The challenge of today: Installing the latest Magento version on some virtual host owned by a generic webhoster on the other side of the planet for some friends. Shouldn’t be too hard, right? Well, it isn’t really, but I ran into two annoying things that took me longer to work around than I would like.
So if you found this article through google, maybe this saves you the time :-p
First annoyance: Where do we get the source for the latest Magento release?
“Stupid BenV. Obviously you get that from the Magento homepage from their downloads section”.
Yeah, that’s what you’d think. So you go there, hit ‘download’ (or go to /download in your url bar, surprisingly it works) and now you have to “Select your format“. So much for getting a wget-able url here, but we’ll copy paste that from our browser, right?
Well, after selecting your format (“Your disk.” Ha. Ha.) and clicking on the Download buttong, you are faced with?
Oh of course.
The URL shown when hovering the download button already gave it away – “http://www.magentocommerce.com/download/login_form“. A fucking login form. FOR A FREE OPEN SOURCE PRODUCT. *RAGE*.
“Login, it’s Easy!“, they say.
“Join the community now and take advantage of the following: *bullshit*“, they say.
Well “FUCK YOU MAGENTO WEBSITE“, I say.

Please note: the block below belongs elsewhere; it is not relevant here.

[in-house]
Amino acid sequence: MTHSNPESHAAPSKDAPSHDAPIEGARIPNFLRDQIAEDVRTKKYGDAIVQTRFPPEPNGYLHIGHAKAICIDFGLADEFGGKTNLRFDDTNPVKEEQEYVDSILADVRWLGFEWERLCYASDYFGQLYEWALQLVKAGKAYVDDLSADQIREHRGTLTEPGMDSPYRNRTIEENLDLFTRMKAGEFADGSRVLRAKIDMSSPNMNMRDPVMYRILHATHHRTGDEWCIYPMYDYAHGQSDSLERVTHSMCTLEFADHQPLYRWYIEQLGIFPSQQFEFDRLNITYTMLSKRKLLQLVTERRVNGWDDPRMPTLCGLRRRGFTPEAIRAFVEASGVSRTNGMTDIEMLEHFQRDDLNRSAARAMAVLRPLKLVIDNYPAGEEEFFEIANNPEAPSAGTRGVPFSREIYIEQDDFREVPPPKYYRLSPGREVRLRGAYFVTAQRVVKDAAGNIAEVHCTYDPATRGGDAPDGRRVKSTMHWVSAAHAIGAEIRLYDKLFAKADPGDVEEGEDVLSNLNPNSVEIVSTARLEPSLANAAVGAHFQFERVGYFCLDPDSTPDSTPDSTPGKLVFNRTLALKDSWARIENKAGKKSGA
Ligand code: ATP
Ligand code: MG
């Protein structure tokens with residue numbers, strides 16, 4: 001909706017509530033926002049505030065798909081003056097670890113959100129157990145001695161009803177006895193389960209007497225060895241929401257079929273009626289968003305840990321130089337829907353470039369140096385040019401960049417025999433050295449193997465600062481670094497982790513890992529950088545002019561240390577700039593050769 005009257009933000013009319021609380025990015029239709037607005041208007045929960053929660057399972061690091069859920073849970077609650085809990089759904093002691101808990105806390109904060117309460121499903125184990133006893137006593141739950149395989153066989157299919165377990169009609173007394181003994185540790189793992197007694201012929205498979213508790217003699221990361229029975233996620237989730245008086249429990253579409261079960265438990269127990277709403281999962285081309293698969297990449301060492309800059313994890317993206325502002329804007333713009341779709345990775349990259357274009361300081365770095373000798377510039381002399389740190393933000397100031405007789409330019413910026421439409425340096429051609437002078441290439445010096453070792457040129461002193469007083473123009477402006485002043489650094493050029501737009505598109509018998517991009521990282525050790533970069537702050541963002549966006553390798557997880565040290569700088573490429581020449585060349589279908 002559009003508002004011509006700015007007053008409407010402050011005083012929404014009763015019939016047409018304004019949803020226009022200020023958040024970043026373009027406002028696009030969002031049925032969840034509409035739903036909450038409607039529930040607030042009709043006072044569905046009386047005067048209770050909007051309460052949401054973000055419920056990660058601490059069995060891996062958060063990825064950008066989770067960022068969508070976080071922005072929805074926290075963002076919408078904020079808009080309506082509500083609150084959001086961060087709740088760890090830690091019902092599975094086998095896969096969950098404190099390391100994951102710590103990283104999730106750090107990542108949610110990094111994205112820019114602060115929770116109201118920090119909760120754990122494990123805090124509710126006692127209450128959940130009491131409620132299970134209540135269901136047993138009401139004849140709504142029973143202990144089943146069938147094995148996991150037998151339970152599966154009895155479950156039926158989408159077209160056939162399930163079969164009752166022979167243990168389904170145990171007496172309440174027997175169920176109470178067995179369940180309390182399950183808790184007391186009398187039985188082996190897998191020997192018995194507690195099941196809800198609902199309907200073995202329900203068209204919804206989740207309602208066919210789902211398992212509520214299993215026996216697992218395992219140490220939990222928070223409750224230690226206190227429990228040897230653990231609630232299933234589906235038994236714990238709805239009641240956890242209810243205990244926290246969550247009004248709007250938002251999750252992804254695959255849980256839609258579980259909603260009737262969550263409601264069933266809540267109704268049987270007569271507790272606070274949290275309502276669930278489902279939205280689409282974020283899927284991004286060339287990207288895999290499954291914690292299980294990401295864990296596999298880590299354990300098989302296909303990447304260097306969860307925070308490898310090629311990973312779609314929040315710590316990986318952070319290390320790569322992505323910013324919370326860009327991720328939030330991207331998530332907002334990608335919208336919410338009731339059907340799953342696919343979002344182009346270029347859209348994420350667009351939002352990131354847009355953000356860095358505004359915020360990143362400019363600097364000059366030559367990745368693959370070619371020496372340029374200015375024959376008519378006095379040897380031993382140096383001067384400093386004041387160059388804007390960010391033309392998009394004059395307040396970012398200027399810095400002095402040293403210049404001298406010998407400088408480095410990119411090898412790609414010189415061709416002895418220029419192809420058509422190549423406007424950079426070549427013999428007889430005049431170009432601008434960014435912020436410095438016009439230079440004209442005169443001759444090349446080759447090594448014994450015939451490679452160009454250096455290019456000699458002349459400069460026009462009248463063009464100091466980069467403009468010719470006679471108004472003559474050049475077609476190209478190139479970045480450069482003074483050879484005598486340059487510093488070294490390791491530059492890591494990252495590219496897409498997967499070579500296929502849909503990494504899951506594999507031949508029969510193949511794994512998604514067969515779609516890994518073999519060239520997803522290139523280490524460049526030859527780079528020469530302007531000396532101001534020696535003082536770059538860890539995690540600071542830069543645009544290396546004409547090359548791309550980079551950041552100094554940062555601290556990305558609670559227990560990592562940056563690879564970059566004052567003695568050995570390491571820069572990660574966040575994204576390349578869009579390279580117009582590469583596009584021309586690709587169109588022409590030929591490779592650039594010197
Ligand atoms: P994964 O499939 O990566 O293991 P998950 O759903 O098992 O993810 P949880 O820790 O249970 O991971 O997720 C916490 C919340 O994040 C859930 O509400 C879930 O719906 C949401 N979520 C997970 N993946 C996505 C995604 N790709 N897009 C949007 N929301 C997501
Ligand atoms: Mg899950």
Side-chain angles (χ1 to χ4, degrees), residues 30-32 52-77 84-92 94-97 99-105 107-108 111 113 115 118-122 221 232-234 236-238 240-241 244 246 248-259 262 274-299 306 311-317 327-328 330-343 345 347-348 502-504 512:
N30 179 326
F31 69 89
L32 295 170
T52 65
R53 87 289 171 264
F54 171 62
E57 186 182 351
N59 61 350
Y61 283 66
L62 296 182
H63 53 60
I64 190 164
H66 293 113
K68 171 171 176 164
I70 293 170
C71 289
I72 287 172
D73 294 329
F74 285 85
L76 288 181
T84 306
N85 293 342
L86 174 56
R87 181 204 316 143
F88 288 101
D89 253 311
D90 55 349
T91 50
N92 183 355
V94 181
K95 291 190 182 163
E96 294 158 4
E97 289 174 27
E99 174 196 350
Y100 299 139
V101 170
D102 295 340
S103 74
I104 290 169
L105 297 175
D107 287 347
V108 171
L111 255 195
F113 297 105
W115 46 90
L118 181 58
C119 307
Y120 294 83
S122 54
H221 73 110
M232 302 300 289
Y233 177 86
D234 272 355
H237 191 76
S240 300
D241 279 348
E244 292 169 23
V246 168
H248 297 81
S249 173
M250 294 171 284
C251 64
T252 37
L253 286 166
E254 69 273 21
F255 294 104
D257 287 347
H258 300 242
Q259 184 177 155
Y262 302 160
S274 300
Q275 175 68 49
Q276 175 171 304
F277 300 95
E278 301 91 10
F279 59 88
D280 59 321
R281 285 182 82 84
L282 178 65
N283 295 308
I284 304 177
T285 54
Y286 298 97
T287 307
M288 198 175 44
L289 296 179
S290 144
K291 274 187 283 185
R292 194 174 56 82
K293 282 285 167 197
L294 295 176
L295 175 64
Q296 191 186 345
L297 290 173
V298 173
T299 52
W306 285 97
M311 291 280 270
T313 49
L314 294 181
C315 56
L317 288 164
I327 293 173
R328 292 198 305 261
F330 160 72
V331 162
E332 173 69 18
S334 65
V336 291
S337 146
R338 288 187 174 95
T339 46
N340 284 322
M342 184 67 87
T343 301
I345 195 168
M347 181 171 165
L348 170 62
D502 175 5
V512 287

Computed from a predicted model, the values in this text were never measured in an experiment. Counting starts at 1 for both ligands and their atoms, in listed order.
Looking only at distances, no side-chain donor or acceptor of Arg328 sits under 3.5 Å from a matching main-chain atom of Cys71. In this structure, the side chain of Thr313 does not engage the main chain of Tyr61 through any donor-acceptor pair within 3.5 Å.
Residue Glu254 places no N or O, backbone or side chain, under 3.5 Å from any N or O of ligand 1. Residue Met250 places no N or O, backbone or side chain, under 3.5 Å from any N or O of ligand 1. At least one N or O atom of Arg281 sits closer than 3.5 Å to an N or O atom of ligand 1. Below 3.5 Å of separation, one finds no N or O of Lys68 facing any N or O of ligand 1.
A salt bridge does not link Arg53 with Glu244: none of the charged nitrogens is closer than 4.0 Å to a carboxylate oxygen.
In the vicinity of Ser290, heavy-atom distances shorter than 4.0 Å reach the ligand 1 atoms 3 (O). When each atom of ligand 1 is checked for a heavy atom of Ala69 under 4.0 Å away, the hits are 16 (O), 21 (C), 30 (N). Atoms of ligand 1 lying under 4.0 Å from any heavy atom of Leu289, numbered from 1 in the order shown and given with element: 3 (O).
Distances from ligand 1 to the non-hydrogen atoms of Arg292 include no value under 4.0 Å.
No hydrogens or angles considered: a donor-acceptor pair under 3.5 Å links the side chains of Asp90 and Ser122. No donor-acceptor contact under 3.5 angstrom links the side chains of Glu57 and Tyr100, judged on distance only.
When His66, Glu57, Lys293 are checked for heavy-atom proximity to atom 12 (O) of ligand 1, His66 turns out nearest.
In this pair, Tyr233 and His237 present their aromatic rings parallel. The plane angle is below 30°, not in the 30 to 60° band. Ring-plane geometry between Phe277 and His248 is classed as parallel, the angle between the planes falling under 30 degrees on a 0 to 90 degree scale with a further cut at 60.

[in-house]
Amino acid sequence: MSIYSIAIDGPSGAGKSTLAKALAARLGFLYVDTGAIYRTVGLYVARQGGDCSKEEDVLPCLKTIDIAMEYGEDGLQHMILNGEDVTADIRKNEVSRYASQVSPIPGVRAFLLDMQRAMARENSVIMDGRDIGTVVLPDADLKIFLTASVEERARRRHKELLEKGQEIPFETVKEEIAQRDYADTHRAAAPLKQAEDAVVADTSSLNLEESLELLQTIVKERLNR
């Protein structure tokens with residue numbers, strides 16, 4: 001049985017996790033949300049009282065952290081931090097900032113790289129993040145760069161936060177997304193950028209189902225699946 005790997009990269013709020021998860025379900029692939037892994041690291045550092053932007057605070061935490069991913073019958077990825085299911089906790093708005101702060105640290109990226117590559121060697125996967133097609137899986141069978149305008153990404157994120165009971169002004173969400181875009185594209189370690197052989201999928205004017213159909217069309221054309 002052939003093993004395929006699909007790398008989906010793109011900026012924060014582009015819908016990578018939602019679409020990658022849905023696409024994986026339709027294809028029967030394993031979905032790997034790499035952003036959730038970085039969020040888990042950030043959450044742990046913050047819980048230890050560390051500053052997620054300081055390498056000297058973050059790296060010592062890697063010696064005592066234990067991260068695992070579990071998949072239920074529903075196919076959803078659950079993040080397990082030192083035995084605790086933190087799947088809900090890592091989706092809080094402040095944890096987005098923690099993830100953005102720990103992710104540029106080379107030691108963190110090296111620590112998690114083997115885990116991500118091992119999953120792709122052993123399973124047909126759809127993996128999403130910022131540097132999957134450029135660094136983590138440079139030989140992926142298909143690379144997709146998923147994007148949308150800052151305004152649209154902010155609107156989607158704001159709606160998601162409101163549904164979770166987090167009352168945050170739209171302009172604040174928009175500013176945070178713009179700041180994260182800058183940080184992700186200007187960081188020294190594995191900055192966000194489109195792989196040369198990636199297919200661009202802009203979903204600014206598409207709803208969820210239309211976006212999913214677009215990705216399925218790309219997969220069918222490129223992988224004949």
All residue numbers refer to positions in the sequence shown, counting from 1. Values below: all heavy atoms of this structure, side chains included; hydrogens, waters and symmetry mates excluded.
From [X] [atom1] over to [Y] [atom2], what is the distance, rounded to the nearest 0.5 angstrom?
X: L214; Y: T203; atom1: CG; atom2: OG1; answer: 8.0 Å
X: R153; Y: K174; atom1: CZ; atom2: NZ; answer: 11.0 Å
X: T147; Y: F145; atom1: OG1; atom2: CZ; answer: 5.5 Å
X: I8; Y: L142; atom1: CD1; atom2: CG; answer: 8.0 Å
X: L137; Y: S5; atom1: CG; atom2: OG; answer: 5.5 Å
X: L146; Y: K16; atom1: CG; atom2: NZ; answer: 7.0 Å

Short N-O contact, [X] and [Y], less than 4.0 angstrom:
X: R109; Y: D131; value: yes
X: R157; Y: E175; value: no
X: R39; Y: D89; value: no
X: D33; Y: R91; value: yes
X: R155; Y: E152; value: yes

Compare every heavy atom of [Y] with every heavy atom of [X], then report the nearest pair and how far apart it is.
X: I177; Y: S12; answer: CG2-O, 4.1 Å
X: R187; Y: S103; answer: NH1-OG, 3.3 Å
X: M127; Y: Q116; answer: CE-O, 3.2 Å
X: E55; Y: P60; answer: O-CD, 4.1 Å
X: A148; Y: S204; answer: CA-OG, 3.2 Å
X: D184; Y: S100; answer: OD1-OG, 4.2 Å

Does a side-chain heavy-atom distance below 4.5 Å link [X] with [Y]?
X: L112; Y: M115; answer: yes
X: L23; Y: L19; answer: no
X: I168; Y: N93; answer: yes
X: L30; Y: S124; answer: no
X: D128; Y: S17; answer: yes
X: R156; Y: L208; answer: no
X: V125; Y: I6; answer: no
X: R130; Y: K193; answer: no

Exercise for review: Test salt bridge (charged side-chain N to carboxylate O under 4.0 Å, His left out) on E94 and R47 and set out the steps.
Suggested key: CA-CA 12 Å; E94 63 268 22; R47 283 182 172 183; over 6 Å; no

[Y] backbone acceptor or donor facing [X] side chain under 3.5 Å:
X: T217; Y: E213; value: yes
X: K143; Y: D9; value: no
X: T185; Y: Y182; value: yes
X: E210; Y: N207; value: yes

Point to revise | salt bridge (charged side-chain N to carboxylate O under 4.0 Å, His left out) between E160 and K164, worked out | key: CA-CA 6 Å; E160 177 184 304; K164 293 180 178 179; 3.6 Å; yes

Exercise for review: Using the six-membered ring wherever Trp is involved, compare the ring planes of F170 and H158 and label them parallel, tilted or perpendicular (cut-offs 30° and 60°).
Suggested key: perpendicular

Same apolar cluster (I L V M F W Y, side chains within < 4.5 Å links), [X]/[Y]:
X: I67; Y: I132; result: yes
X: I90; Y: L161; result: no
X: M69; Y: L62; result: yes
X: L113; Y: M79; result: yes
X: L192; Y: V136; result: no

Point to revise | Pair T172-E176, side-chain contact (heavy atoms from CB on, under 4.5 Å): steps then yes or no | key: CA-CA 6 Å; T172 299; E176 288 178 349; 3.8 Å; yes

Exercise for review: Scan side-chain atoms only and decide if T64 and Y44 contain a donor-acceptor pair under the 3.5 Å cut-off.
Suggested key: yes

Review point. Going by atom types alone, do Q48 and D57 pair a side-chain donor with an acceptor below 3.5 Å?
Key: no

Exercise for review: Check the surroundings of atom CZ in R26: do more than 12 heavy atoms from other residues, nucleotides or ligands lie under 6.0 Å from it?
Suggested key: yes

(if you do take the time to fill out their login form, make sure to enter firstname.lastname@example.org as your email address and enable all the checkboxes)
Until they change it again you can use this wget command to work around this bullshit:
benv@vhost:~$ wget --referer http://www.magentocommerce.com/download/get-started http://www.magentocommerce.com/getmagento/184.108.40.206/magento-220.127.116.11.tar.bz2
Next up, the issue I ran into. After creating a database, untarring the tarball and pointing the webserver to the right place it was time for the web based installer. Just click next a few times, enter the database info, next …. what’s that?
PHP Extension “pdo_mysql” must be loaded..
Errh… ok. So I check what this webhoster’s PHP configuration flags are … phew, they included PDO. As a shared module. Oh well, guess we’ll need to enable this in php.ini then. Long story short: it’s not enough to just include pdo_mysql.so.
If you include only pdo_mysql.so, PHP will not complain, at least not in any log file I could find on that webhost, but PDO is still not loaded.
Make sure php.ini contains:
(that mcryp one should not be necessary there, but they say without it you could run into other issues, like mcrypt not being loaded either).
PHP. What’s worse than having to work with PHP? Working with PHP that you didn’t compile yourself :-p